Supreme Court Seems Wary of Hurdles for Refunds of Fines After Exonerations
WASHINGTON — The Supreme Court on Monday seemed deeply skeptical of a Colorado law that makes it hard for criminal defendants whose convictions are overturned to get refunds of the fines and restitution they had been ordered to pay.
The justices were helped by the forthright presentation of the state’s solicitor general, Frederick R. Yarger, who did not shy away from the more extreme implications of his argument. Money taken from defendants after valid convictions belongs to the state, he said.
A Colorado law requires people cleared by the courts to file separate civil suits and prove their innocence with clear and convincing evidence in order to obtain reimbursement. But Mr. Yarger said the state was under no obligation to do even that much. He said the state was not only free to impose onerous procedures, but could also enact a law making exonerated defendants forfeit the money entirely.
Chief Justice John G. Roberts Jr. asked if the state could impose a $10,000 fine on everyone convicted of a crime and refuse to return the money if the convictions were later overturned.
Mr. Yarger said yes. Just as there is no need to pay people for the time they spend in prison after their convictions are reversed, he said, there is no need to reimburse them for fines and fees. “The assumption is that the deprivation of both the liberty and the property at the time of conviction is lawful, and that the property passes into public funds,” he said.
Incarceration is different from money, Chief Justice Roberts said. “You can’t give them back whatever time they’ve spent in jail,” he said. “You just can’t do it, but you can give them the money back.”
Justice Stephen G. Breyer tried another example, asking about a corporation convicted of a crime and fined $15 million. “And then the state says, ‘By the way, why appeal?’” he said. “‘If you win, we’re not going to give you the money back.’”
“Now, there’s something wrong with that,” Justice Breyer added.
Mr. Yarger did not retreat. “This is a question of whether the state has decided to provide this kind of compensation,” he said.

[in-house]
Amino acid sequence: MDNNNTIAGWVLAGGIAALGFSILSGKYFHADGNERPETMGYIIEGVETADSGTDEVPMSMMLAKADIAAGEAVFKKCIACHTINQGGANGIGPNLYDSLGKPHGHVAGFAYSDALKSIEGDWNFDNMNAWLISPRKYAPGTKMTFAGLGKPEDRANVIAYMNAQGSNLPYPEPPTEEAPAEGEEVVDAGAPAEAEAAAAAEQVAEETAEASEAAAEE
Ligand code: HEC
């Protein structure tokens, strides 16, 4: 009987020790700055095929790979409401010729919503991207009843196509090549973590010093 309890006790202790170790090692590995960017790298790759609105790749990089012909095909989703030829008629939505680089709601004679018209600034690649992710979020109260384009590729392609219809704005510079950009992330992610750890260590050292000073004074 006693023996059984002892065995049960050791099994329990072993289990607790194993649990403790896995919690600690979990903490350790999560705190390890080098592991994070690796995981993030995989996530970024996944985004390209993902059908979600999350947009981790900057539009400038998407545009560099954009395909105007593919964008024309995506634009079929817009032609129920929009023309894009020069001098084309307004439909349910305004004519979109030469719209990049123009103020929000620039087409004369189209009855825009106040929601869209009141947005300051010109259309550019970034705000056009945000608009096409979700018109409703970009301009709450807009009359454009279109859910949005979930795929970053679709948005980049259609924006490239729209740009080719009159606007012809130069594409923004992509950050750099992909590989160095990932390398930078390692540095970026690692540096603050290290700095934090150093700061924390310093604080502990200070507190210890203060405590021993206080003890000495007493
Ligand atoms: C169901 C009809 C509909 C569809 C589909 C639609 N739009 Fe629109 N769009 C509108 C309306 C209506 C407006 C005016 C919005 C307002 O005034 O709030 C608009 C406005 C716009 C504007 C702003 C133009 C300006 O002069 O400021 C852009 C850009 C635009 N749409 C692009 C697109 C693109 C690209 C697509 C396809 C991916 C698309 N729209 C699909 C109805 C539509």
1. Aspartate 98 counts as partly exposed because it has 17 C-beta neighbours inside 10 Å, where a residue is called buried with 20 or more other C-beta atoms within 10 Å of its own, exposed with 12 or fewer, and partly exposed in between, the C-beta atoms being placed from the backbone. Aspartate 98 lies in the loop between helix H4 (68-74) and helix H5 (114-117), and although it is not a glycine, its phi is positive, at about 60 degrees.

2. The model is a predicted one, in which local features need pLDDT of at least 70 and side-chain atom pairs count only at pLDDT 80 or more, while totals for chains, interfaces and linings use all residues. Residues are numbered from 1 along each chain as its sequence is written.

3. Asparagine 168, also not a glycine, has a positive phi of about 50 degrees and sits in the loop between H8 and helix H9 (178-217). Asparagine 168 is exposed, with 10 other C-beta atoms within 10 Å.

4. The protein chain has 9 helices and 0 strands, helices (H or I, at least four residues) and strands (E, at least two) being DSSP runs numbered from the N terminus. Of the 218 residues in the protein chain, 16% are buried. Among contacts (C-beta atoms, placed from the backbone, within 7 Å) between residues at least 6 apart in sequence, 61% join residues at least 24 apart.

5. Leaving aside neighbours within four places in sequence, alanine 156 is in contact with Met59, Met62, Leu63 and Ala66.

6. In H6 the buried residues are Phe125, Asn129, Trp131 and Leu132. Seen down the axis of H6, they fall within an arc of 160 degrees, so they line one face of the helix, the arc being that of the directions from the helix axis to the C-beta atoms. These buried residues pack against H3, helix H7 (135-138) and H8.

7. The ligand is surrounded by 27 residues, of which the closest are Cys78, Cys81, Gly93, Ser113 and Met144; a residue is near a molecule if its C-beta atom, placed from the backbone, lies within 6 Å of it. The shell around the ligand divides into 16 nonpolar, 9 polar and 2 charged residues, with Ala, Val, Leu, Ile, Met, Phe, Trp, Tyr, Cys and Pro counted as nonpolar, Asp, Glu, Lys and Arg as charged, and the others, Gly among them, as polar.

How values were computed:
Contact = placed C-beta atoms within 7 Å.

The Colorado law was challenged by Shannon Nelson and Louis Madden, who had been ordered to pay thousands of dollars in fees and restitution after they were convicted of sex offenses. After their convictions were overturned, they filed motions in their criminal cases seeking refunds of what they had paid.
The Colorado Supreme Court ruled against them, saying that their trial courts lacked authority to compensate them. Under the state’s law, the State Supreme Court said, they had to file a new civil suit and meet a heightened burden of proof.
Stuart Banner, a lawyer for Ms. Nelson and Mr. Madden, said the state’s approach amounted to “charging people money for the privilege of trying them unlawfully.”
The Colorado law’s requirement that people whose convictions are overturned hire a lawyer and pay a filing fee to start a new lawsuit, he said, “virtually ensures that successful appellants aren’t going to get their money back when their convictions are reversed.”
Mr. Yarger, the state’s lawyer, said the case, Nelson v. Colorado, No. 15-1256, turned on a single question. If the money belongs to the state, he said, it can decide whether and how to offer compensation. “This is the state’s money,” he said.
If, on the other hand, the money continues to belong to the defendants, Mr. Yarger said, the state has to offer a simple way to reclaim it.
This, too, appeared to clarify the case for the court. “So it really all does depend on whether we think it’s their money or it’s your money,” Justice Elena Kagan told Mr. Yarger.
Were the Supreme Court to decide the money continues to belong to the defendants, Mr. Yarger said, the burden on them to reclaim it “would be fairly minimal.”
“It would involve, perhaps, a motion filed in the district court,” he said. “I think the only burden that could, perhaps, be placed on a criminal defendant would be proving the amounts that were, in fact, taken from the defendant, and then there would have — there could be, for example, time limits put in place.”
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